‘Gestures of goodwill are everywhere’ - Diary of a Limerick Priest, Canon Tony Mullins

Canon Tony Mullins


Canon Tony Mullins



‘Gestures of goodwill are everywhere’ - Diary of a Limerick Priest, Canon Tony Mullins

A month into the Covid-19 lockdown, the town of Abbeyfeale became the focus of national attention, when the documentary Abbeyfealegood was broadcast on RTE television.

The title of the documentary was well chosen, as Abbeyfeale is an incredibly good place to live, to work and to raise a family. The experience of living under the shadow of Covid-19 has brought the best out in people. People have rallied round to the assistance of those who are cocooned or living alone.

Gestures of goodwill are everywhere to be seen, like the young shop assistant who delivers a newspaper to an elderly customer every morning and takes time to check in with her about her fears and concerns. Community organisations led by Abbeyfeale Community Council have organised support structures for people who are isolated because of the restrictions. Yes, Abbeyfeale is a good community to live in and the fruits of that goodness are very evident during this pandemic.

As a priest in the community much of my time and ministry is spent with people. With the arrival of Covid-19 and the subsequent lockdown, all of that personal interaction as I knew it, ended over one weekend. Suddenly, I was looking at empty church pews. Visiting parishioners in their homes was not a wise or a safe thing to do. There are no parish or school meetings. Life as I knew it up to St Patrick’s Day ground to a halt in an instant.

A number of years ago, a webcam was installed in our local church. It has provided a means for parishioners to join in the celebration of Mass and other church ceremonies every day. At first it was a shock to have no physical congregation present in the church, but we know that hundreds of people link into our celebration of Mass each weekday. At weekends, the numbers of people joining us on the internet link increases significantly. During the month of April, we have had more than 10,000 join us for Mass and the Holy Week ceremonies. Fr Shoji and I have had to adapt very quickly, but it has taught us much about the importance of digital communications.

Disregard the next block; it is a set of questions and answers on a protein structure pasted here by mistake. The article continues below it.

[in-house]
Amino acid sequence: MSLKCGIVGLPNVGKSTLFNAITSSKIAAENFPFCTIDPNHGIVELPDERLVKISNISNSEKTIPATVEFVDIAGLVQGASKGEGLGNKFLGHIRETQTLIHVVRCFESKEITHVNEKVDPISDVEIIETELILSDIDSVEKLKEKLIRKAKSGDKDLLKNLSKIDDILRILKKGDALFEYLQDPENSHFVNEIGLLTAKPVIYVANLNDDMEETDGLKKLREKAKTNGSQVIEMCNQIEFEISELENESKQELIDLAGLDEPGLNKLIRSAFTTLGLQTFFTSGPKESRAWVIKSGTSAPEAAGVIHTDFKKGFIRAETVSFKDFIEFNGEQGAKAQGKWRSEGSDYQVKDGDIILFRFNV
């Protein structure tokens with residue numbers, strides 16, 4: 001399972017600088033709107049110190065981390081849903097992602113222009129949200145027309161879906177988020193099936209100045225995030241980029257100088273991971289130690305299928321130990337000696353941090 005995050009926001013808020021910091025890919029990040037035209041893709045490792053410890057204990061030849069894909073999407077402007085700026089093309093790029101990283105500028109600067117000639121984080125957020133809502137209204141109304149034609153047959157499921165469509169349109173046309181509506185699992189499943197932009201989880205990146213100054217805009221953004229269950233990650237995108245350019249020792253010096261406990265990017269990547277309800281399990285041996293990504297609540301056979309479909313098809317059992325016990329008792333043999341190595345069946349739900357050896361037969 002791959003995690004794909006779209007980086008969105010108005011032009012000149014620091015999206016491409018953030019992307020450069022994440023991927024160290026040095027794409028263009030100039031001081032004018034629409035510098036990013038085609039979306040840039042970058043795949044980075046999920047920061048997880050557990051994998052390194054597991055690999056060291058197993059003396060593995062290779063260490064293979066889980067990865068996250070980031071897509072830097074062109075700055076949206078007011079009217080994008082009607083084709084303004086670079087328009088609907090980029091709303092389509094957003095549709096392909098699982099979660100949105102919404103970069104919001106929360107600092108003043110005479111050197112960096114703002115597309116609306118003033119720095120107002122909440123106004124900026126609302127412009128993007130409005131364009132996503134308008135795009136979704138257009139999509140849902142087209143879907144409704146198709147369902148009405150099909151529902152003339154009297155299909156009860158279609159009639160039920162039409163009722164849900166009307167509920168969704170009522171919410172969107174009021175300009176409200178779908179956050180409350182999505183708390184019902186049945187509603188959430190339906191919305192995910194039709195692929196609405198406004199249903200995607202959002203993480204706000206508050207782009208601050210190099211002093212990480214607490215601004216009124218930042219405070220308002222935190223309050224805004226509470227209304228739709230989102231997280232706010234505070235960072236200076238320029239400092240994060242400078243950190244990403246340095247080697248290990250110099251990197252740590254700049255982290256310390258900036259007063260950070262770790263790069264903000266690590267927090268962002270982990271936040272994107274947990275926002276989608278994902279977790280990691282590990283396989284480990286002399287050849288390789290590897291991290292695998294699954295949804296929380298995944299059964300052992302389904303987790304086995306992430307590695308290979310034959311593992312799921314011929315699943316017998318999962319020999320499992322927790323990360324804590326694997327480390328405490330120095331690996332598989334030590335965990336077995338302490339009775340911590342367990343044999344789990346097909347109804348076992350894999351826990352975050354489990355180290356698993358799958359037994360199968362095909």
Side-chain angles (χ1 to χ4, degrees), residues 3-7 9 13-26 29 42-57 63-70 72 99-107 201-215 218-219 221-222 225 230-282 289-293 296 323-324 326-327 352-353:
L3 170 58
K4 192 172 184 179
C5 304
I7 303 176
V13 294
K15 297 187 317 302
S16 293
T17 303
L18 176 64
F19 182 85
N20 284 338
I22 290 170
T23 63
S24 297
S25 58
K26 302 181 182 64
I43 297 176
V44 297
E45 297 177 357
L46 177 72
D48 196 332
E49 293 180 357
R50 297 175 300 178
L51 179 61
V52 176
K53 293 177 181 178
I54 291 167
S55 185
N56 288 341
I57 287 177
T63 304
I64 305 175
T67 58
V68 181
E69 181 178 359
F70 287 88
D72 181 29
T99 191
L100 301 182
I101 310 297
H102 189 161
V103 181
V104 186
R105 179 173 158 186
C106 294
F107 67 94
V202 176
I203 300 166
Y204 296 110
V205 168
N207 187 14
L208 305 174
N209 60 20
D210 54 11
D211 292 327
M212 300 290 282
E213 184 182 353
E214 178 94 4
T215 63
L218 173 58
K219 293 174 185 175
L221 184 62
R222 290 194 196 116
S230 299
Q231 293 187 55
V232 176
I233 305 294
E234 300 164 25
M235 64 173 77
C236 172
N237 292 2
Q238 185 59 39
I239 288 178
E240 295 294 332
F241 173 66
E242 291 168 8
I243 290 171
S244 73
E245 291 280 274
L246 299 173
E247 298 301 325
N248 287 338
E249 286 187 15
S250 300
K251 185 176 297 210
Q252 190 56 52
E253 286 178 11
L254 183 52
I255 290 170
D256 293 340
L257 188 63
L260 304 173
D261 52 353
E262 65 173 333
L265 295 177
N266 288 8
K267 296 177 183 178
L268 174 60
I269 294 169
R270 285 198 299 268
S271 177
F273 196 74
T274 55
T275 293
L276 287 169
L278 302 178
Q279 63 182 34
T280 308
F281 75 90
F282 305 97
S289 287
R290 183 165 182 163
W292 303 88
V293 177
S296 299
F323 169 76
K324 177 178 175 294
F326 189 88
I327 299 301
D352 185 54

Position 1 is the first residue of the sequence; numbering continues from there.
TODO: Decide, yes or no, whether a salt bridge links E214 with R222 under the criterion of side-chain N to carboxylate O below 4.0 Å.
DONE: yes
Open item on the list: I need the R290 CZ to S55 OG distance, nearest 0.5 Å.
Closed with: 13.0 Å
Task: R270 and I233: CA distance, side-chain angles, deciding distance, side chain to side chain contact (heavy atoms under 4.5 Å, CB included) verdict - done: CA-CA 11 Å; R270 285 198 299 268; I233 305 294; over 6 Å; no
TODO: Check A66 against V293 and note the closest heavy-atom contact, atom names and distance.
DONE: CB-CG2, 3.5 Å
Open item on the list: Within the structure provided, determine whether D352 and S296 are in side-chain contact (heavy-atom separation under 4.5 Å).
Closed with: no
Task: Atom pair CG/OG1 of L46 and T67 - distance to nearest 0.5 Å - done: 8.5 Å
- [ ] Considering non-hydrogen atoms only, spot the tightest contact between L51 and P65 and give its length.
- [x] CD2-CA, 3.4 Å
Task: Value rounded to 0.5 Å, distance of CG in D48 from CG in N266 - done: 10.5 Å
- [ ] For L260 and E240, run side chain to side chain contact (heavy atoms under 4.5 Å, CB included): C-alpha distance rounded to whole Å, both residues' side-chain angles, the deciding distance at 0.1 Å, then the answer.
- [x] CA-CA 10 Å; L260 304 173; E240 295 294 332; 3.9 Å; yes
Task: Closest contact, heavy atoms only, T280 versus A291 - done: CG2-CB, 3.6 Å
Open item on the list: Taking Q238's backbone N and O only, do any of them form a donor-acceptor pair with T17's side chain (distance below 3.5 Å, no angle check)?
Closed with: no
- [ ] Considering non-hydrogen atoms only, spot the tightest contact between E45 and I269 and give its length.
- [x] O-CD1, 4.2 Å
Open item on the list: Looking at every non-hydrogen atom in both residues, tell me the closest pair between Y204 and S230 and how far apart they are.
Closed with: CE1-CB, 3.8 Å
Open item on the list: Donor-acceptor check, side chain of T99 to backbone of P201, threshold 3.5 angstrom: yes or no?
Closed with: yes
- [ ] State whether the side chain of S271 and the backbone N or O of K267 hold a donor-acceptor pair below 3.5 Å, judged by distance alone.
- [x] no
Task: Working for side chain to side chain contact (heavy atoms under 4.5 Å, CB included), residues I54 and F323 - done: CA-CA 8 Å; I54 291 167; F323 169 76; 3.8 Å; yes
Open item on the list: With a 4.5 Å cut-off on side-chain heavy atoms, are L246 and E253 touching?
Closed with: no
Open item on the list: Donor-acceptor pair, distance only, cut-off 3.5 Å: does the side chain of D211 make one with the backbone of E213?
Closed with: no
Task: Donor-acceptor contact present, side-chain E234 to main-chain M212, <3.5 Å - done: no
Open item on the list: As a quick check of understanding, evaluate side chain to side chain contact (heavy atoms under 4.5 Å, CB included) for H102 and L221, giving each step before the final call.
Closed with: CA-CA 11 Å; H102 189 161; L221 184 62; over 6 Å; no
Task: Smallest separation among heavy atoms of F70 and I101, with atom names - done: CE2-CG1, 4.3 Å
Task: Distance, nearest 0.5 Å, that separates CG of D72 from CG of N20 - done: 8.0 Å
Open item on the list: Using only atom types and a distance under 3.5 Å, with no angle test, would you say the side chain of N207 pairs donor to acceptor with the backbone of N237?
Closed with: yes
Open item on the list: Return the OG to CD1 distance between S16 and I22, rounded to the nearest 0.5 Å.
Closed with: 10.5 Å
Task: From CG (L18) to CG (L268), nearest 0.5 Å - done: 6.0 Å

From the time that Jesus preached his sermon on the mount, the Church has used every means to communicate the ‘Good News’ of the Gospel. Through this present crisis, I have discovered that digital communication provides opportunities for far-reaching pastoral possibilities, that I never imagined were possible to engage in until now. Of course, many parishioners do not have broadband, but West Limerick 102FM, community radio broadcasts Mass live from Abbeyfeale church every Sunday morning at 10am. We have also begun to use other digital platforms like Facebook and WhatsApp to communicate with families and children who are in the first communion and confirmation classes.

The Gospel message of Jesus Christ in one of hope. I have been particularly conscious of trying to communicate that hope to all who join us on our online liturgies. Using new communication technologies, priests can give people an opportunity for an encounter with Jesus Christ.

Alongside traditional means, digital communication has opened up broad new vistas for dialogue, evangelization and catechesis. In a way Covid-19 has opened up a whole new world for the seeds of the gospel to be sown, and right now the world is fertile ground for the ‘Good News’ of the Gospel.